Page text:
Rift Core 2.0 Dev Diary #1: The Next Chapter for Rift
Oculus Blog
|
Posted by Nate Mitchell
|
December 6, 2017
|
Share

“Roads? Where we’re going, we don’t need roads.” —Doc Brown

One year ago to the date, we launched Oculus Touch. Today, we’re excited to launch Rift’s next chapter—the beta for Rift Core 2.0.

Core 2.0 consists of three key parts: a complete overhaul of Home; a redesigned Oculus desktop app; and Dash, a brand-new system interface that brings the power of your PC into VR.

You can opt-in to the beta now, following the instructions in the Rift Core 2.0 User Guide.

The Dawn of Rift Core 2.0
Touch was a major milestone for Oculus and for VR. Hand presence unlocked an entirely new mode of input that made VR more natural, intuitive, and tactile. The next step was to rethink the core experience from the ground up. The result is Core 2.0.

Dash
Dash fundamentally changes what you can do with Rift and how you use the device. It brings major improvements—it’s easier to switch apps, connect with friends, and generally do more from inside of VR.

One of the main features of Dash is Oculus Desktop, letting you access your Windows desktop and traditional apps. This opens up new creative possibilities for Rift, using Spotify to play music, YouTube to watch videos, Chrome to surf the web and check email, or Notepad to take notes—all from within VR.

The ability to pull up Dash anywhere and leverage your PC is powerful. Even in this early incarnation, we’re getting a ton of mileage from Dash, especially for internal development. We’re really looking forward to seeing the community use Dash in ways we never expected.

Home
Home has been entirely rebuilt from the ground up to be more immersive, engaging, and personal.

By far, the most requested feature for Home has always been the power to customize the space. This rewrite not only makes that possible, it takes things one step further with a much richer universe featuring interactive objects and decorative collectibles.

In the beta, Home has a base set of customization features that we plan to evolve over time: there’s one room layout with a few hundred items built by us to collect to customize your space. Amidst the chairs and tables, there are some rare masterpieces created by the Oculus Rex team, who built First Contact and Dreamdeck, waiting to be discovered.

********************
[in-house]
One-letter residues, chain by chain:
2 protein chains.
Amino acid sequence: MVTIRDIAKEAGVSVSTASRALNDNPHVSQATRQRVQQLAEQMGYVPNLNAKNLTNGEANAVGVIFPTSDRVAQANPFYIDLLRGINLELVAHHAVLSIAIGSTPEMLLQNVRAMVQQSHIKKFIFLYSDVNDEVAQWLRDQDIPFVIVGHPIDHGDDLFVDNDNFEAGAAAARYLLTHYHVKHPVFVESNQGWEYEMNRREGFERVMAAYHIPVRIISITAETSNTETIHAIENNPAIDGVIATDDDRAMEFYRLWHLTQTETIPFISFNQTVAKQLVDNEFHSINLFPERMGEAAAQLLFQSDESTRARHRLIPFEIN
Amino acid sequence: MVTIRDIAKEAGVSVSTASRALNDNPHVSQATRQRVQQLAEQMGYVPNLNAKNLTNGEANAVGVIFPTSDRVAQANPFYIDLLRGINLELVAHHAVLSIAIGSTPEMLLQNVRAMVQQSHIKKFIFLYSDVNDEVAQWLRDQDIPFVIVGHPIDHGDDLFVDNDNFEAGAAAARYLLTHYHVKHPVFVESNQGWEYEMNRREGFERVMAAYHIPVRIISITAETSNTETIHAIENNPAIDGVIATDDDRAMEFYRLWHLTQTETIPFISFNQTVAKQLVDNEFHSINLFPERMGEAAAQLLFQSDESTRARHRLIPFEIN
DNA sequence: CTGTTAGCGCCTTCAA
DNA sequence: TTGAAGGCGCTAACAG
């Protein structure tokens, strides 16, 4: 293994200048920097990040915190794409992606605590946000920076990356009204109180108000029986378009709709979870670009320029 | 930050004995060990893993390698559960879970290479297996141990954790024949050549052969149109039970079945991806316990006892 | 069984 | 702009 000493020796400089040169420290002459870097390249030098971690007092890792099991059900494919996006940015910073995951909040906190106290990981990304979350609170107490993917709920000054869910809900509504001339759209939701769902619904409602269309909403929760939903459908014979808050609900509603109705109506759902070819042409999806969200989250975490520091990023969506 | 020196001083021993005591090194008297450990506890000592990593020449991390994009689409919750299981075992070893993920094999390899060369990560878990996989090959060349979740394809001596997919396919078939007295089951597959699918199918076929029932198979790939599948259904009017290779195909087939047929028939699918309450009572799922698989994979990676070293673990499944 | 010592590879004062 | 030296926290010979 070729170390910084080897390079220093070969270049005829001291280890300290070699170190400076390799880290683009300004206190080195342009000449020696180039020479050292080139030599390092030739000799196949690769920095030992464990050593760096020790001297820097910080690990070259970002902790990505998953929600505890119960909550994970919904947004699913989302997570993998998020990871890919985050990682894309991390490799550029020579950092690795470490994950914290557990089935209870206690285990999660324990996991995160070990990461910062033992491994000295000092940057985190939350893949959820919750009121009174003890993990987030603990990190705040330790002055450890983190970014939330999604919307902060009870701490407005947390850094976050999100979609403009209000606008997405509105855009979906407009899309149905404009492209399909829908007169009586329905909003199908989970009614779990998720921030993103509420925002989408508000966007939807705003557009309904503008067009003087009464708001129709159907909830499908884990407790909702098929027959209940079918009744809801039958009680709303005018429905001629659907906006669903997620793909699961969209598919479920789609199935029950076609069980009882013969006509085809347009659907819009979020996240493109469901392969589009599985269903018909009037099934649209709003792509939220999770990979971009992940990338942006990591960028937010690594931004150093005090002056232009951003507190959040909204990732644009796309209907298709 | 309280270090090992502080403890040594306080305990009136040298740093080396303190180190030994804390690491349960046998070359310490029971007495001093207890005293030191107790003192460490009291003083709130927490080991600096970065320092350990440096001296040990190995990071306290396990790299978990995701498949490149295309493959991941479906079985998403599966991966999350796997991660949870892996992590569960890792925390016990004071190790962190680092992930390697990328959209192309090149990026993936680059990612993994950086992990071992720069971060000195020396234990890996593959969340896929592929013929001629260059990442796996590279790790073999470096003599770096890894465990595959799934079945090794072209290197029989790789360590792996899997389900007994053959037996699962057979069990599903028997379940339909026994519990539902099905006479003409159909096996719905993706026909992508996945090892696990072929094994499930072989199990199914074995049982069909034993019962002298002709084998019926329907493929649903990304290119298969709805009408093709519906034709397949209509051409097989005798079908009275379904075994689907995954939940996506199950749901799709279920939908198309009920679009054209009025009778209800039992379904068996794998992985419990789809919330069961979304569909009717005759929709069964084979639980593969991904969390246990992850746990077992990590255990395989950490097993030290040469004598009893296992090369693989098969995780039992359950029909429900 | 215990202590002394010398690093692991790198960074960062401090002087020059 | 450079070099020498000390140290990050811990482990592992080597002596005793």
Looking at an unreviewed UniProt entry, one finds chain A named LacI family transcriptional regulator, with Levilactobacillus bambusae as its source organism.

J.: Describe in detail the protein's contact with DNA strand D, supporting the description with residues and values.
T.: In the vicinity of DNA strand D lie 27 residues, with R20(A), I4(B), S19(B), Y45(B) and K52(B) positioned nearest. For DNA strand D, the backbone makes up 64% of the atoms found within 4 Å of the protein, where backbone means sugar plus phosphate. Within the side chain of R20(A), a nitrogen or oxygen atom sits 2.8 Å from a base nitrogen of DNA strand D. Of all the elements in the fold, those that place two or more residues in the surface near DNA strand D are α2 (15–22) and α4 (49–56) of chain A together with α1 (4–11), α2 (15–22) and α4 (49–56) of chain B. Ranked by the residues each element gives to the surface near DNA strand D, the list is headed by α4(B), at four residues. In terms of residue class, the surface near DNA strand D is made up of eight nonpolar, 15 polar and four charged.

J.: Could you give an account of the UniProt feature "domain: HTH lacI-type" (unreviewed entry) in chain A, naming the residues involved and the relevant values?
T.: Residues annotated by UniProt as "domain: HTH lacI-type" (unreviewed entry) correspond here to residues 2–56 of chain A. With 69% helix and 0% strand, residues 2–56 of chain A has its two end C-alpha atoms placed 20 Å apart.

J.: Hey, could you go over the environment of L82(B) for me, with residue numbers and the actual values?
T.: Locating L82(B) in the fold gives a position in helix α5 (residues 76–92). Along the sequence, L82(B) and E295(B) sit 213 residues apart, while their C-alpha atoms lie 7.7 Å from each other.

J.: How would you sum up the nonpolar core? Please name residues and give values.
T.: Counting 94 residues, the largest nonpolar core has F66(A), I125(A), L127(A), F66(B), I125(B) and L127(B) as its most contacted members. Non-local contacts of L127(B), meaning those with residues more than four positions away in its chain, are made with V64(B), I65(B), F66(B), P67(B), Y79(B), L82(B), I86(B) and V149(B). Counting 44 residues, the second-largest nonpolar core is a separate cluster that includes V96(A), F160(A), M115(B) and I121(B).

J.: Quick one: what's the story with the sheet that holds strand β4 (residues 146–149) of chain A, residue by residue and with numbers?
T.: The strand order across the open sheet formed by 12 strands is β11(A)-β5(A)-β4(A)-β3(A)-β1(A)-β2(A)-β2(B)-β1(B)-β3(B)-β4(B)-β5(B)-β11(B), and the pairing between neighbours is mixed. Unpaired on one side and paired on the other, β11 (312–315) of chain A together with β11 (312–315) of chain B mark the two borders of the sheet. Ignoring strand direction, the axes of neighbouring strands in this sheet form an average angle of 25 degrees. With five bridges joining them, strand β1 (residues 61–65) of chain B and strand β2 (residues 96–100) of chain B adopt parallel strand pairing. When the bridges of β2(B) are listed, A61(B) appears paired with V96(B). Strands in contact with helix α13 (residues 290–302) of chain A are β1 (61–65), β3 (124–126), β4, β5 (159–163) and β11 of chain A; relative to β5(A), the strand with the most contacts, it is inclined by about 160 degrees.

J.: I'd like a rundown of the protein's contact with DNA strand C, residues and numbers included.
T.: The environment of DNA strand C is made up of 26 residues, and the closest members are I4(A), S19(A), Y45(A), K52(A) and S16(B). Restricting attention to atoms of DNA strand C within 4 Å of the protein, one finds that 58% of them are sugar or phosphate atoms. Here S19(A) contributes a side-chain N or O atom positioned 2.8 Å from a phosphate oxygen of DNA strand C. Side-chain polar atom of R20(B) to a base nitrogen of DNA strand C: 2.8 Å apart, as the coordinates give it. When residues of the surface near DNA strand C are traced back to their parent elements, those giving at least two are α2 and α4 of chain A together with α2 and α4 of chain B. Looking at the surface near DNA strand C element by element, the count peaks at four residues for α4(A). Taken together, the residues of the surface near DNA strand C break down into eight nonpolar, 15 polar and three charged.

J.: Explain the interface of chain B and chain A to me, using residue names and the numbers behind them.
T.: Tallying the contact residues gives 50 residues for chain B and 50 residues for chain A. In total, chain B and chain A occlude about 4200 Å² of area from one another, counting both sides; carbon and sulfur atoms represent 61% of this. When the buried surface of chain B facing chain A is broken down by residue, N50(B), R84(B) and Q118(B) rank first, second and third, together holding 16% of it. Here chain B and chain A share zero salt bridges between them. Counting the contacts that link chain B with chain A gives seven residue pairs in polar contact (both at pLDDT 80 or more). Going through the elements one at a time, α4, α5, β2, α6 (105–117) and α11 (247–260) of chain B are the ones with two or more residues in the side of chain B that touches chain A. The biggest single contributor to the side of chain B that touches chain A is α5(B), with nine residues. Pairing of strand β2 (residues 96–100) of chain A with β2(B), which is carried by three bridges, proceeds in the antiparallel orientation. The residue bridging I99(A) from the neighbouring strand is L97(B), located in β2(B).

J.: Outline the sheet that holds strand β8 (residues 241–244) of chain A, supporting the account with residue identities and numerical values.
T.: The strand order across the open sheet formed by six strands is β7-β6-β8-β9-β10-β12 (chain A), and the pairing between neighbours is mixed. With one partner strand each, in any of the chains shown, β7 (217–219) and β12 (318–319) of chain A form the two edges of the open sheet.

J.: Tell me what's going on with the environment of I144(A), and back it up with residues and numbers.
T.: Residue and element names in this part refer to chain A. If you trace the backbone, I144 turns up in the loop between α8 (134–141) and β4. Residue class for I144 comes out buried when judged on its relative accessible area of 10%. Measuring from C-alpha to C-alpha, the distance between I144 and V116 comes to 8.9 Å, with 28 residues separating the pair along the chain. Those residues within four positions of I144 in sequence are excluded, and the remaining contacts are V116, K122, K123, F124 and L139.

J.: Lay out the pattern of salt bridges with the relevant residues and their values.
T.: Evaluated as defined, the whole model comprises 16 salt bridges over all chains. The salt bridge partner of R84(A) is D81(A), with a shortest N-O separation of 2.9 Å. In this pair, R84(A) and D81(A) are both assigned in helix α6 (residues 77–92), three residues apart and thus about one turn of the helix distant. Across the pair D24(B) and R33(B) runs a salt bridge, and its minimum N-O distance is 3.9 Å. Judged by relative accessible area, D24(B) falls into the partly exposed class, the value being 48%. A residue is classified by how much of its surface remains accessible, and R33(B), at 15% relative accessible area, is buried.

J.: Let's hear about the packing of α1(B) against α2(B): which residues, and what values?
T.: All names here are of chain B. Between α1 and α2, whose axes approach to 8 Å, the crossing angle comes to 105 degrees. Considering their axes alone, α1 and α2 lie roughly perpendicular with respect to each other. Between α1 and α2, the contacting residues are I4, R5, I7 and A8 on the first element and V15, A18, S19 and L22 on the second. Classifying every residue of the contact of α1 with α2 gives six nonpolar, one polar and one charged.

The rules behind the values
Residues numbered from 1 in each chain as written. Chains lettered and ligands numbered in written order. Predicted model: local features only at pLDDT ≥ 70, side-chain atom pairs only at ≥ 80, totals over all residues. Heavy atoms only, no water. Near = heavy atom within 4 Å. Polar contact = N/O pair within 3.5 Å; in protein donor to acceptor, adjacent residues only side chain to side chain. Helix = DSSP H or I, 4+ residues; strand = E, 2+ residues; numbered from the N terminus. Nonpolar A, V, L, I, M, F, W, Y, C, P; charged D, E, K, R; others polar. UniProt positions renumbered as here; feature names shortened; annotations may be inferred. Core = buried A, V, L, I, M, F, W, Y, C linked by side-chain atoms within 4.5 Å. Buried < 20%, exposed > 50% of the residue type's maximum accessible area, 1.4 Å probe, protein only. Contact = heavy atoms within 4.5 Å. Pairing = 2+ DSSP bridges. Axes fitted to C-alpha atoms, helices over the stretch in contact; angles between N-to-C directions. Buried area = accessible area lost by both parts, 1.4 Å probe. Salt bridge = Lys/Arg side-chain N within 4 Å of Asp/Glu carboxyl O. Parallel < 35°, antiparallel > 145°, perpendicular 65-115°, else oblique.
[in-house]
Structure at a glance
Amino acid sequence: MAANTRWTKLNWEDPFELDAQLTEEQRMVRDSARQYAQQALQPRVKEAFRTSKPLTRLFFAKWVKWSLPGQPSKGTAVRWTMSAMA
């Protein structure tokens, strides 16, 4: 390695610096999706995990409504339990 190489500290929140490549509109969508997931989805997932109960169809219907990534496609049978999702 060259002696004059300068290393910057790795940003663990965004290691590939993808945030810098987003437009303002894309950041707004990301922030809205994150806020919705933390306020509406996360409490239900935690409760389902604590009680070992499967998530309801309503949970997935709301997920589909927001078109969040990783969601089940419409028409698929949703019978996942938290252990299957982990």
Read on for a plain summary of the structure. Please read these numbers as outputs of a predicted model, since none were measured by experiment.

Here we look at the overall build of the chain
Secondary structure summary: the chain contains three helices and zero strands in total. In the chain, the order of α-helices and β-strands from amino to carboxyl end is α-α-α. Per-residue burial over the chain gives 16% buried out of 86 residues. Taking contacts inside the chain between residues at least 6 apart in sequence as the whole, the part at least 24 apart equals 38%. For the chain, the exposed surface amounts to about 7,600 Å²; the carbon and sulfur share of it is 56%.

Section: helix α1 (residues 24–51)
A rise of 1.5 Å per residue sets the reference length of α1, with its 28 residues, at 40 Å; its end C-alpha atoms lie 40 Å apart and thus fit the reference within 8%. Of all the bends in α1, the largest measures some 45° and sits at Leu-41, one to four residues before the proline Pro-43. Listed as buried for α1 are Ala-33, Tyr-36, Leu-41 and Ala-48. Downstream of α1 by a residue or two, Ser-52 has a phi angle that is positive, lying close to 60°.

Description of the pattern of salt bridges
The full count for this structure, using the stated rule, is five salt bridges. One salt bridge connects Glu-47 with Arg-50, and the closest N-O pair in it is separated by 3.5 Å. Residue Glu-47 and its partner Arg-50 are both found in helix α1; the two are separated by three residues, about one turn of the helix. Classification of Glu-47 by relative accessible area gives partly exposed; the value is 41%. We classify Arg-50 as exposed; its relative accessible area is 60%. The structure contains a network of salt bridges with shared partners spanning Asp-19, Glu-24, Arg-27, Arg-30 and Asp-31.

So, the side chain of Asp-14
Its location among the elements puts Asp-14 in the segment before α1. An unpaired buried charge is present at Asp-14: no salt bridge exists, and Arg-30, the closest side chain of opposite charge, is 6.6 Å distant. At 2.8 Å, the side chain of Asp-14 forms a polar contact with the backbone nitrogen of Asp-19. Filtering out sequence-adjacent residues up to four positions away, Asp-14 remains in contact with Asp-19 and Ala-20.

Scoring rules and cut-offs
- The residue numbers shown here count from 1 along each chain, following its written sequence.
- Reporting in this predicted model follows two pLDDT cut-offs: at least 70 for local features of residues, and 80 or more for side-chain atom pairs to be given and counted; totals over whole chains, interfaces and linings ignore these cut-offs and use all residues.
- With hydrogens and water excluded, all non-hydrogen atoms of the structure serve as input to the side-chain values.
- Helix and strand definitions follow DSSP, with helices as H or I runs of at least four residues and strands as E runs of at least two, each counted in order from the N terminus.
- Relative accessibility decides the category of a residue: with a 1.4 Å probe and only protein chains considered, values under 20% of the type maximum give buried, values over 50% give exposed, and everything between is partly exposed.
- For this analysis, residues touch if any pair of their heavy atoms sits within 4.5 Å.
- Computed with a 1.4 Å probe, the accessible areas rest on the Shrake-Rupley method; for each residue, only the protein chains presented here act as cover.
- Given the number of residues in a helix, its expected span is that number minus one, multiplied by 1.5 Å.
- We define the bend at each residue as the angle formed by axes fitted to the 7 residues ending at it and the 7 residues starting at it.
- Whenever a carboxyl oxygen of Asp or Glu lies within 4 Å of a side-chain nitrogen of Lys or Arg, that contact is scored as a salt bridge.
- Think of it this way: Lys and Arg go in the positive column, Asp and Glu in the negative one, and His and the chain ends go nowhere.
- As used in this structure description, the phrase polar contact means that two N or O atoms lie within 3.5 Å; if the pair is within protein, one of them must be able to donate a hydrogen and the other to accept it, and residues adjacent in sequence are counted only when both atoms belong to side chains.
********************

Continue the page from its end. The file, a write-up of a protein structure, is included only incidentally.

While everyone starts with the standard set, you can unlock new items weekly by logging into Rift and spending time in VR. During the beta, there’s a limit to the number of item packs you can earn each week. This way, everyone’s collection varies and grows naturally over time. You can also unlock items like trophies and game cartridges based on your achievements and library on the platform.

We’ll be adding tons of new content throughout the year, including new items and decorations built by the community. We’ll also make it easy to bring your own content, like Medium sculptures, into Home in 2018.

In the beta, you can share your Home with friends and visit your friends’ spaces to see what they’ve created. One of the key features we’re working on is real-time hangouts—making it easy for you to get together with friends in your Home and create together. This is one of our top priorities for the year ahead.

Long term, Home will bring more and more of the Oculus Platform to life in VR. And as part of its evolution, we’ll provide more ways for you to help shape and share it.

Your Voice
We built Core 2.0 for you, and we want to hear your thoughts. Community feedback has had a huge influence on our direction since the very beginning. You can report bugs via the Help Center → Send Feedback option in the Oculus desktop app. We’re also opening up a page on UserVoice during the beta, where you can vote on features you’d like to see in the future.

This initial beta release of Dash and Home is rough around the edges. We wanted to get it in your hands early, and we there are a number of design and system compatibility issues—particularly related to Oculus Desktop—that we’re working through. We’ve posted a full list of known issues here.

What’s Next
This is just the beginning of a new chapter for Rift. Core 2.0 lays the technical foundation for our long-term roadmap, and we have ambitious plans for the years ahead. While we’re excited about everything that’s launching today, we’re most excited for what comes next.

Thank you for being on the journey with us. And welcome to Core 2.0.

— Nate